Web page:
Feedback Loop

When it comes to home care, the only effective way of monitoring and maintaining standards is to get frequent and honest comments from end users, says Paul Botsford, Head of Assisted Living Technology & Services at Secure Meters.

Like all branches of healthcare, home care has faced staggering challenges over the past 15 months; forcing us all

to consider improvements that will guarantee

quality services for the future. Those receiving home care have faced unprecedented isolation and disruption, increased health risks and the accompanying impact on wellbeing.

Home care professionals have had to adapt like never before, adopting new ways of working almost overnight, while shouldering the burden of colleagues taken ill or even lost to COVID-19. Media reporting of the wider care sector’s response during the pandemic has been stark, and oſten imbalanced, damaging the public’s trust in this most vital of healthcare services.


The best way to protect and repair the reputation of the care industry is by ensuring services are optimised for safety and quality in the short term, closely monitoring standards ongoing and - most importantly - acting quickly to address any shortfall in service to safeguard for the future.

When it comes to home care, we believe that the only effective way of monitoring and maintaining standards is to get frequent and honest feedback from end users.

Other industries, such as hospitality and retail, have become adept at gathering feedback to ensure services continue to meet the changing needs of customers. Through gamification and other incentives, customers feel increasingly empowered to effect positive change from business.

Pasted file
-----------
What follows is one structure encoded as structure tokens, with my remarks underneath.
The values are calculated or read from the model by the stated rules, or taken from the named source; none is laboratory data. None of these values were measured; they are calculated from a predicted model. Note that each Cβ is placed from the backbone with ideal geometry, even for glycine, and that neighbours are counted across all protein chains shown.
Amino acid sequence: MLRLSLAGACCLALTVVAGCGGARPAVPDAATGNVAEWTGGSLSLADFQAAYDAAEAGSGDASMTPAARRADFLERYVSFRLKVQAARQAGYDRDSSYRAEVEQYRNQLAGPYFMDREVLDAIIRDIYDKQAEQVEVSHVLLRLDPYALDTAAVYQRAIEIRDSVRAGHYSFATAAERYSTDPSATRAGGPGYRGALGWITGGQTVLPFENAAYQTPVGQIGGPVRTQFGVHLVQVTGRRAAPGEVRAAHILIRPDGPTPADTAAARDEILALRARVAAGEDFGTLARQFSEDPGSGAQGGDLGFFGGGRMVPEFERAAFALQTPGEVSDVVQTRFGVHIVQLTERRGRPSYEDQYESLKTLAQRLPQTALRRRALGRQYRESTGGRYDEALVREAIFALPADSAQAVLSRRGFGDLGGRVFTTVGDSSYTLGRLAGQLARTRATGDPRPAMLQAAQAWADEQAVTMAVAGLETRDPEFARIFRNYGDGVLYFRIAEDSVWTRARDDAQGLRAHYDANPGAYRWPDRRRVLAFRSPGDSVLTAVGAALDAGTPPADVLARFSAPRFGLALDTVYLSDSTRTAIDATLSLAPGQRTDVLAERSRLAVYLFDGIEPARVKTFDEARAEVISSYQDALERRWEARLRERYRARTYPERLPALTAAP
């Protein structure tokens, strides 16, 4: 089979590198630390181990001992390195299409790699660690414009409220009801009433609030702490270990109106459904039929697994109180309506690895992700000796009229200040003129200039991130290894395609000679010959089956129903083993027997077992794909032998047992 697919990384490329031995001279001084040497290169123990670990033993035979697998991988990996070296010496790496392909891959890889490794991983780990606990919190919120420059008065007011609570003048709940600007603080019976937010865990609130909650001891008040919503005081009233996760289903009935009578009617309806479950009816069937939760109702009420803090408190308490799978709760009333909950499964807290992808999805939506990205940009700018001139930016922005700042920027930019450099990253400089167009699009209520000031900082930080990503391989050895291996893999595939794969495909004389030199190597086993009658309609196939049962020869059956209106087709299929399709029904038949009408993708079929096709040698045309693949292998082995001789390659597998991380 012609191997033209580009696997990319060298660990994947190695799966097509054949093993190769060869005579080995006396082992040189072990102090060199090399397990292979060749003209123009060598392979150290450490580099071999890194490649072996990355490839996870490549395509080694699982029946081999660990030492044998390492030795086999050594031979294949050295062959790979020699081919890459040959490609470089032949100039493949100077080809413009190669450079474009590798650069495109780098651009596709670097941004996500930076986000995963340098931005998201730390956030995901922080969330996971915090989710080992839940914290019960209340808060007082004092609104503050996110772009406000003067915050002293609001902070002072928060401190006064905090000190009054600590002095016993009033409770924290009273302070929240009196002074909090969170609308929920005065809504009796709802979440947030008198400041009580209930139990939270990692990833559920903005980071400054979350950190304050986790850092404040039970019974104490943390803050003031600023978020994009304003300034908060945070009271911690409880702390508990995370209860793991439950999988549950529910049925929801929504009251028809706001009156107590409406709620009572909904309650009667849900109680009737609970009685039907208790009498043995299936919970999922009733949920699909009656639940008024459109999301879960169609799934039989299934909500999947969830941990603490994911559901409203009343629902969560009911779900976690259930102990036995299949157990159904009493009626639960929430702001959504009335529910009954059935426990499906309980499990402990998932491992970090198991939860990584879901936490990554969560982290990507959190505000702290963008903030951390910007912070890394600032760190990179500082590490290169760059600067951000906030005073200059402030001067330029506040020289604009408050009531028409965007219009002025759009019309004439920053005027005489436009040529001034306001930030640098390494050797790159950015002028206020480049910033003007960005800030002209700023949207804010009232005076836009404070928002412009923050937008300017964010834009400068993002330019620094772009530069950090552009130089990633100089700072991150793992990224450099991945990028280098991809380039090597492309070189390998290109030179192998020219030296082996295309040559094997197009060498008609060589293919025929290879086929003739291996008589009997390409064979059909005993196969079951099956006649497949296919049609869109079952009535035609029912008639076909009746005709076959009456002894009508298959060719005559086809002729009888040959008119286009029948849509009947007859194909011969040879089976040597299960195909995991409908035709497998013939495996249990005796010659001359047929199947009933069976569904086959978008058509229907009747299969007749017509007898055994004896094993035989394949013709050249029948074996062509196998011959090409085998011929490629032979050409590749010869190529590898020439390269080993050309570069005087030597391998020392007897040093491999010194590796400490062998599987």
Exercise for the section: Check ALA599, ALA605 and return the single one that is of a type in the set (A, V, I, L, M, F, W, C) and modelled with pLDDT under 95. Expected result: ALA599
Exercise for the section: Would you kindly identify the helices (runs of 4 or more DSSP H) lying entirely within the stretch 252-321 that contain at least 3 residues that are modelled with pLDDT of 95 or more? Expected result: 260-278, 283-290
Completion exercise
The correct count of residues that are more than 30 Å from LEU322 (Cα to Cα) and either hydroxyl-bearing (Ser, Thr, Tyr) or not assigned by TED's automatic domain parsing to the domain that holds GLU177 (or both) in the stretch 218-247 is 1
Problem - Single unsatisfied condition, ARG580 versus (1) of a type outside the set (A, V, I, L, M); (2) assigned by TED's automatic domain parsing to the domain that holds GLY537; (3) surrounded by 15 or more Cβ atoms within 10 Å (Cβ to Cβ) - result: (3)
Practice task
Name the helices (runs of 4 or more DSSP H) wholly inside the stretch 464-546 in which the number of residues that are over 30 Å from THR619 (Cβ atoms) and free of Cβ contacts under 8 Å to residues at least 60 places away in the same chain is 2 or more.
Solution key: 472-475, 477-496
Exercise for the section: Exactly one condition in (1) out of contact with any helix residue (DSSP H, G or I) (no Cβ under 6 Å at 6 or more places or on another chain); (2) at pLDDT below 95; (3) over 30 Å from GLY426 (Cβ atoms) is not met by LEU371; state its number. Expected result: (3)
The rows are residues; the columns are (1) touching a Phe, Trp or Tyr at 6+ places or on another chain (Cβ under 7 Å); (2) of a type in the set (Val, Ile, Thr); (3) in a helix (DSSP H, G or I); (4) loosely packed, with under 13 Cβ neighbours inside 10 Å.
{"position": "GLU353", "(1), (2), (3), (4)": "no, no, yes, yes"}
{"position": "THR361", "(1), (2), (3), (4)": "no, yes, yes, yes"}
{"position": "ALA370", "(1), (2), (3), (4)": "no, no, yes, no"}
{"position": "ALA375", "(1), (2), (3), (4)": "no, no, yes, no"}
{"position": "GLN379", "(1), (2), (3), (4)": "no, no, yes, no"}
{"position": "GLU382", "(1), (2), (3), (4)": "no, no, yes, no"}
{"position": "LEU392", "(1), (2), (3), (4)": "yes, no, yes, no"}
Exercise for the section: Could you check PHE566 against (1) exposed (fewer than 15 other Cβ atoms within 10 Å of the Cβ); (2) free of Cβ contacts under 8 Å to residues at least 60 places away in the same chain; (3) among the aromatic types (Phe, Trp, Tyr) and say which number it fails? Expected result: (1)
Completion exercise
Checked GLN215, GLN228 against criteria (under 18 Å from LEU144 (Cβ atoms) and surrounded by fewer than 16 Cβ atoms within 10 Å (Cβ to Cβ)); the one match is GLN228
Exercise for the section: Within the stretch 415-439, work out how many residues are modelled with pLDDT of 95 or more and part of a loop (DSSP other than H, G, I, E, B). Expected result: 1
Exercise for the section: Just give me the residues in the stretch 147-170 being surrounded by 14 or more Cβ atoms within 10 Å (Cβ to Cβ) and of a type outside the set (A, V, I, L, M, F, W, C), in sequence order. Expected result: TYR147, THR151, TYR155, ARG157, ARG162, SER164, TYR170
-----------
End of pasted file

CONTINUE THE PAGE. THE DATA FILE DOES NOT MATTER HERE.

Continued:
With increased competition in the home care sector, we believe the best way to assess, maintain and improve service levels is through more effective engagement with customers.


The benefits of regular and honest feedback are clear; offering early identification of issues and efficient intervention wherever necessary, insights into proactive service improvement, and clear data to enhance a provider’s Care Quality Commission (CQC) reporting.

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As well as playing a vital role in assessing the safety and quality of care, the CQC also monitors business leadership, organisational effectiveness and the willingness of care providers to respond to people’s changing needs.

The CQC is clear in this regard; it wants to see care providers regularly asking customers their views on the services they receive – and the feedback should be consistently good. We believe technology will be key in achieving this goal, and enabling tech will be increasingly encouraged by the regulator.


Establishing a consistent feedback loop for the home care sector requires three things. Firstly, any new mechanism needs to be easy to use, to ensure uptake and frequent contributions. There’s only one chance to make a strong first impression and a poor experience of new tech could be disastrous.

Secondly, feedback needs to be frequent in order to develop a picture of performance over time, so that any shortfall in service can quickly be identified and action taken swiſtly before things escalate.

Thirdly, any insight gathered needs to be unbiased and reliable. No one should feel pressured into providing feedback that doesn’t present an accurate picture of their circumstances. This final pre-requisite can be especially difficult to guarantee in home care, due to the nature of relationships and established routines.

Oſten it falls upon an individual carer to conduct the majority of visits as part of a round-the-clock service, making it harder for outside observers to identify any shortfalls in the quality of care. This challenge has been particularly acute during lockdown, with staff numbers depleted by COVID and restrictions on the logistics of household visits.

In our experience, the cared-for and carer oſten develop a strong and lasting relationship – which can make it harder to provide honest or critical feedback when needed.

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